Huntron - Troubleshooting without a Schematic

Our thanks to Huntron for allowing us to reprint the following article.

A technician may be required to repair boards and systems with a minimum of service information. At first glance a circuit card or system may instill panic but upon closer inspection we find that the total board is simply a collage of familiar components arranged in text book configurations. In this article, we will discuss troubleshooting without the aid of a schematic diagram.


A shop library can be an important asset to a successful repair shop. Knowing what an electronic component does can assist you in making troubleshooting decisions. The pin-out information can help locate a fault and supply information needed for pin-to-pin comparison. The right pieces of information can make the difference between success and failure.

  1. There are many data manuals available to the technician for a small fee or free of charge. Manufacturers supply these to encourage people to use their products. These data books normally supply pin out, application, and labeling information. Contact a local distributor or the manufacturer directly to obtain these manuals.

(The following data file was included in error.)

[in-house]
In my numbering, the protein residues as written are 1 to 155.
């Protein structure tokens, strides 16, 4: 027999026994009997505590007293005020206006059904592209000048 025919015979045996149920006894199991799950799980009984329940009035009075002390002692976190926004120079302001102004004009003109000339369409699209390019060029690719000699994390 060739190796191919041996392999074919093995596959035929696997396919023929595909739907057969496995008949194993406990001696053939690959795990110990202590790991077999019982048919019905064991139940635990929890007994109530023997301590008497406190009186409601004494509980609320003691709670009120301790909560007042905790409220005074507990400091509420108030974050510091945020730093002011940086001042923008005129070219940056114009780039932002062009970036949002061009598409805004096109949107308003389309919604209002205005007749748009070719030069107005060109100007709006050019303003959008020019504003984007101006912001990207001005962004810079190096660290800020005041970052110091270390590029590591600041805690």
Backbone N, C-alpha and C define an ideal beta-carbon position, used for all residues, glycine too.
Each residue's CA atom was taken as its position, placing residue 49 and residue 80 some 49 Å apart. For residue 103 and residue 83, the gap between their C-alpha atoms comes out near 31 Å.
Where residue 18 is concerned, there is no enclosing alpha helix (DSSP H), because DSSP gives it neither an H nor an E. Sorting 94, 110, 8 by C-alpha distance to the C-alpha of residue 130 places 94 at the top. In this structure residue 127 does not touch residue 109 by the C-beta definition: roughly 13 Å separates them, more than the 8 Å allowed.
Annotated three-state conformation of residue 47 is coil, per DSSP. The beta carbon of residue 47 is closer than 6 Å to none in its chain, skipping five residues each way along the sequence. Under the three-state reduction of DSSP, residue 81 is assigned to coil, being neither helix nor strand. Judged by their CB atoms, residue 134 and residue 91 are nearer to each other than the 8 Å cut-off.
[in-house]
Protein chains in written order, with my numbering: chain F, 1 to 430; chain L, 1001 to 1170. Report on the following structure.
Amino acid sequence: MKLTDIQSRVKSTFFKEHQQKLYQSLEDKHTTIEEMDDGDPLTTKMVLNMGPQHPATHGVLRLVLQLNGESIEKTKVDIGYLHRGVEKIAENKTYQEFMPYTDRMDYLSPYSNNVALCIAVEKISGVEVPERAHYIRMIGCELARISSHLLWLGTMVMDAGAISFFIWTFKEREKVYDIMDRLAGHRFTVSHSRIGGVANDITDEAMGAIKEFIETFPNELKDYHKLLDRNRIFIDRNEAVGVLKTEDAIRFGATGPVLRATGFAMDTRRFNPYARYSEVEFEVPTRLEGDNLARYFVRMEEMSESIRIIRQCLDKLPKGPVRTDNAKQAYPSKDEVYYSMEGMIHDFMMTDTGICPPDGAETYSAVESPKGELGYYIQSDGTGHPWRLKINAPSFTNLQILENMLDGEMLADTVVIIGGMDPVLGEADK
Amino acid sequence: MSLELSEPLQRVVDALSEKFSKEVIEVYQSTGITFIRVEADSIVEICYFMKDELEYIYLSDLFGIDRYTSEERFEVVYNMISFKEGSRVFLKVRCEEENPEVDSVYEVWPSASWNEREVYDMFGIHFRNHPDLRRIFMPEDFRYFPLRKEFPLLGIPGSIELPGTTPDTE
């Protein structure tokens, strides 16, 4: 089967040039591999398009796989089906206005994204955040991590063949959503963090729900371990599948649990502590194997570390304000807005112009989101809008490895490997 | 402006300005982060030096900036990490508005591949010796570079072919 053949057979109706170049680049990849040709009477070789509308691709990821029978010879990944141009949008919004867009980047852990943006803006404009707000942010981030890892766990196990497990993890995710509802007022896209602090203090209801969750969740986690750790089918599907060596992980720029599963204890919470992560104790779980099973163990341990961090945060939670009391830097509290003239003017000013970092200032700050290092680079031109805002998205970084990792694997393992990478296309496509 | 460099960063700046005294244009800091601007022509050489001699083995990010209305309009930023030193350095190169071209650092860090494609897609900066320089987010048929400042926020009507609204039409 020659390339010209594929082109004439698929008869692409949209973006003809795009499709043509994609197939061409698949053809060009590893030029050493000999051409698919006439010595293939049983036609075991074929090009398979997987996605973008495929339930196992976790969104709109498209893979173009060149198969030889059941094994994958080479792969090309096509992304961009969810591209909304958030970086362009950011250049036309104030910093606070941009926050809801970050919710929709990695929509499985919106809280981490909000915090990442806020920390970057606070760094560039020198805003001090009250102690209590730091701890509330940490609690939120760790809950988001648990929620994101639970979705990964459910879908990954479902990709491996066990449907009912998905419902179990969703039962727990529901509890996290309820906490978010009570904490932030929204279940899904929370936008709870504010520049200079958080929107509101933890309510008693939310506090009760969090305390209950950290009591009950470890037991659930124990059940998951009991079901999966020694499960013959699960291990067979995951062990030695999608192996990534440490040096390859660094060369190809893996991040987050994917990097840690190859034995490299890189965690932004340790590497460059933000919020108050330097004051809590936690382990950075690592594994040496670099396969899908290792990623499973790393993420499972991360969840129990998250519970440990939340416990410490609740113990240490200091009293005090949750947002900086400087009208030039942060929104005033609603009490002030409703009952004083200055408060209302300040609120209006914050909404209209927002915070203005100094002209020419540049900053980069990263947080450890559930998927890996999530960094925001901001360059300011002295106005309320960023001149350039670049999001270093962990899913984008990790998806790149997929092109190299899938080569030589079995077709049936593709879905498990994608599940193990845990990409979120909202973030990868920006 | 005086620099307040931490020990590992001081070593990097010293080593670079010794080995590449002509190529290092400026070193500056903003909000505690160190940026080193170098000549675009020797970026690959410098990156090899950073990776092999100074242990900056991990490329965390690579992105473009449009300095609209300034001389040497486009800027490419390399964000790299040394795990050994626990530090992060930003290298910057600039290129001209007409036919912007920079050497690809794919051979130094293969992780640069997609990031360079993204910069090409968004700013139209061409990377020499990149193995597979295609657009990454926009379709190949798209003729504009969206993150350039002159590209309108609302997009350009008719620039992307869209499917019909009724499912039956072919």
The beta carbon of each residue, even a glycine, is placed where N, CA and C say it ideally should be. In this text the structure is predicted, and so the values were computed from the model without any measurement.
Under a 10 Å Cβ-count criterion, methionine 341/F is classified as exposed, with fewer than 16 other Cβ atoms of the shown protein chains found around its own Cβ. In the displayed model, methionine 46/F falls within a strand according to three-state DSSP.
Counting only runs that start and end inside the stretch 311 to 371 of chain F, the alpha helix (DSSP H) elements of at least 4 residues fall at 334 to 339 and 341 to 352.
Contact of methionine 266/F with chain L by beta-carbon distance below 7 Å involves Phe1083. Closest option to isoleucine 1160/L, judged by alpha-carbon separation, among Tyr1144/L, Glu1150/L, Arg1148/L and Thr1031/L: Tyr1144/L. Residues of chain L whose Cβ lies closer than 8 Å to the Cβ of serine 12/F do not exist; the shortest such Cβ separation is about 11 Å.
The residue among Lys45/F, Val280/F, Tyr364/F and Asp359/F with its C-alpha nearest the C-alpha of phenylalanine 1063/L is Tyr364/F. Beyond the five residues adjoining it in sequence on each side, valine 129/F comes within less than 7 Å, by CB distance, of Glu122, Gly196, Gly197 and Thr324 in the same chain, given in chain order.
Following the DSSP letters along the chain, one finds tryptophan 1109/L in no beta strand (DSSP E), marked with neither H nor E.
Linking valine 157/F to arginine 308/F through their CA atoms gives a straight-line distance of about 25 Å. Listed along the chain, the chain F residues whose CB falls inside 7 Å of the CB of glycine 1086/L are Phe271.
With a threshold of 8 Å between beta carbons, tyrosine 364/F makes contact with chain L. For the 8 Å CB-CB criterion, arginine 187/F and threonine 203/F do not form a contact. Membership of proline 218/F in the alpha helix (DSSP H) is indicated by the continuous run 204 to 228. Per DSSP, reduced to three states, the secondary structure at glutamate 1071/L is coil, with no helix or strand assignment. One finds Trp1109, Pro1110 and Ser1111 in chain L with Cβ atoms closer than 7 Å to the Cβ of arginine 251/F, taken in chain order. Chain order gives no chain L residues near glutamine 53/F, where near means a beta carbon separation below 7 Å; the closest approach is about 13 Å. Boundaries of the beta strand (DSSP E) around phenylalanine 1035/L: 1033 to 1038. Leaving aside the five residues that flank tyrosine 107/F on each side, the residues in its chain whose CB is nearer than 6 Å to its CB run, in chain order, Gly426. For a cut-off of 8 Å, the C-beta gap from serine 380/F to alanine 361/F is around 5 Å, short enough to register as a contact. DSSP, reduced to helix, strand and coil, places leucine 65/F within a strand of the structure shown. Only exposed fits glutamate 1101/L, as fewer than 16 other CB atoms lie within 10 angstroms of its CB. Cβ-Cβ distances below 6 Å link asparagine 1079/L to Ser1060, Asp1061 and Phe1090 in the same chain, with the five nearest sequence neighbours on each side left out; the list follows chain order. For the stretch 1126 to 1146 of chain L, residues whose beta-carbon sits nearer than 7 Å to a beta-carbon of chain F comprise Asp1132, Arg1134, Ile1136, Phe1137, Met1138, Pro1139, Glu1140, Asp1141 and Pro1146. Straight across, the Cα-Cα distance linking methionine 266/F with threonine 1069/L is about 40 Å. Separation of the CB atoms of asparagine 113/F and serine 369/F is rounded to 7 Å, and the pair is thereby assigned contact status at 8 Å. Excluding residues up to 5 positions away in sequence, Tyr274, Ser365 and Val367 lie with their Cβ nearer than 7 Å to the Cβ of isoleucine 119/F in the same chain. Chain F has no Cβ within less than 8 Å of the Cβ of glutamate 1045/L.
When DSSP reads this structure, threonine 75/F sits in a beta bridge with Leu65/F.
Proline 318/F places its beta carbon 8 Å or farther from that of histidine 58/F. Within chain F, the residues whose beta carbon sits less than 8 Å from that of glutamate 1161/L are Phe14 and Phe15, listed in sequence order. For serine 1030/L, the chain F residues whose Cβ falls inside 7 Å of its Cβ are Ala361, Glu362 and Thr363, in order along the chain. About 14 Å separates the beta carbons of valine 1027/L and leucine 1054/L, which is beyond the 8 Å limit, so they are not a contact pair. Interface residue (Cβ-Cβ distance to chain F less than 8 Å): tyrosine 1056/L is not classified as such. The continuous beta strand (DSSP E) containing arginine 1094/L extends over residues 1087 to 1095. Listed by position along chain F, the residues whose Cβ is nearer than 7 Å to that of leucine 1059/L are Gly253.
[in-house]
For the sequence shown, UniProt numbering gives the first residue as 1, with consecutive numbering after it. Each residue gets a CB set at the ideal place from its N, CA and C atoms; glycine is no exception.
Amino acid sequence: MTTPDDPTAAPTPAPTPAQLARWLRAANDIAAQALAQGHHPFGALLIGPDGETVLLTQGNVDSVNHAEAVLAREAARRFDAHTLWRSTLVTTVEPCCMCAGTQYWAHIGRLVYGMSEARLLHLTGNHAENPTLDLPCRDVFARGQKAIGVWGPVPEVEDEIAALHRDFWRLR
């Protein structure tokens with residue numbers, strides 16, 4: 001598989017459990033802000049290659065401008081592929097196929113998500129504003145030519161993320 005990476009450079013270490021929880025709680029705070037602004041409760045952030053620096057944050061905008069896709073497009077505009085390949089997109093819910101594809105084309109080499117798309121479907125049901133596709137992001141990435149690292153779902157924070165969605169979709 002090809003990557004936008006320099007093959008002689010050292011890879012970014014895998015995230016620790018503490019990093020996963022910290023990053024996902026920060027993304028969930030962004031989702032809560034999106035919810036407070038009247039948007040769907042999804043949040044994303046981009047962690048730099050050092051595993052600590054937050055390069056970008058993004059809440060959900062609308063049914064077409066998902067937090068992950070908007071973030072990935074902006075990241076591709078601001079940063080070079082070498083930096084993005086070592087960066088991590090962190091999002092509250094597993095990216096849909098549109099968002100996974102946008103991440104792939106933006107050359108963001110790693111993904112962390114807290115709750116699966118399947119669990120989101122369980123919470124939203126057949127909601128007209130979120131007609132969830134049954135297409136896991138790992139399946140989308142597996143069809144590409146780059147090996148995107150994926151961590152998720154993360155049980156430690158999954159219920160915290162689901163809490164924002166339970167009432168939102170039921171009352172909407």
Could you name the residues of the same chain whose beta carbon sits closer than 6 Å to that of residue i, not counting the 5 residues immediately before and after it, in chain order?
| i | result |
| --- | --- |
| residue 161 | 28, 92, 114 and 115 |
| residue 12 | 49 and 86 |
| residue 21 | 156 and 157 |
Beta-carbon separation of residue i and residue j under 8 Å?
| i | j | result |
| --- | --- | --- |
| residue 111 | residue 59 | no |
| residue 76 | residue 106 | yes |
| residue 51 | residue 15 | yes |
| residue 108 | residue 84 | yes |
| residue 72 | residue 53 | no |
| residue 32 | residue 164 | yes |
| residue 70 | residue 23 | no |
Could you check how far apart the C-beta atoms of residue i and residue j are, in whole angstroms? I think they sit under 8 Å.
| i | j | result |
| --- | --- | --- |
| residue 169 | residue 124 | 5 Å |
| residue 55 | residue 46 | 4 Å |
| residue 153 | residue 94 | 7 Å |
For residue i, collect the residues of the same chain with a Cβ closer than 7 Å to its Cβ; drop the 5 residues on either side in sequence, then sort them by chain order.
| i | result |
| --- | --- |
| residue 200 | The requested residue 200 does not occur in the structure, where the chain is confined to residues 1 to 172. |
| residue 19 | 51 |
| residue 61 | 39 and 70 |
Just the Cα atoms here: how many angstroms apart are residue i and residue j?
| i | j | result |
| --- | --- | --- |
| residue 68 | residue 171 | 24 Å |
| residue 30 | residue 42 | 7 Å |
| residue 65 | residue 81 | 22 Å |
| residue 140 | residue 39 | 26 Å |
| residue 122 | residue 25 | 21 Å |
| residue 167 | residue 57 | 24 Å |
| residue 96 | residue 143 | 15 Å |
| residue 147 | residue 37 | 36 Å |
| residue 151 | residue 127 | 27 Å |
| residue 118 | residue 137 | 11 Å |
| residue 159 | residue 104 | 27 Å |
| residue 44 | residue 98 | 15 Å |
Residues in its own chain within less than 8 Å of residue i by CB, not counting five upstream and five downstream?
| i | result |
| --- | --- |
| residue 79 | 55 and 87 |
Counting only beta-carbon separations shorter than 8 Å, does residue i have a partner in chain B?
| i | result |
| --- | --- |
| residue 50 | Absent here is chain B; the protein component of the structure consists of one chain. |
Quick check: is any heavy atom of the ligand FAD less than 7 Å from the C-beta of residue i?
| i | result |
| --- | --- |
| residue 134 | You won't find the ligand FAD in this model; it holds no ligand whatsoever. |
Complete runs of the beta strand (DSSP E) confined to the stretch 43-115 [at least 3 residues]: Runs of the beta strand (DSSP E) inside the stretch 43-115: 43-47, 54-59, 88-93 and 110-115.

2. Cross Reference manuals are an important addition to a shop library. These manuals allow you to cross one manufacturer's part number to that of another. This is particularly useful if you have a limited number of data manuals. The better manuals give specifications, pin designations, and numerous replacement possibilities. With the right Cross Reference manual, you can locate replacement parts for American, Asian, and European devices. Some suppliers, for example JDR Microdevices, sell data manuals.
  3. An IC identification manual, for example the IC Master, will tell the purpose, manufacturer, voltage, number of pins, and comparable replacement devices of most (or all) commercial ICs. While supplying a possible clue, these manuals usually will not have information regarding custom ICs.
  4. Electronic circuit manuals can be very useful and are available from a number of technical publishers. They show actual working circuits that can be used as a reference.
  5. Be aware of what you may already have. It is not uncommon to find a part used in many different applications. When looking for a Z80 CPU pin out, you may find that you have another system with a schematic diagram that uses a Z80 CPU also.


With the preceding library at hand, the first step is to take some note paper and draw a block diagram of the board. Some items to note:...

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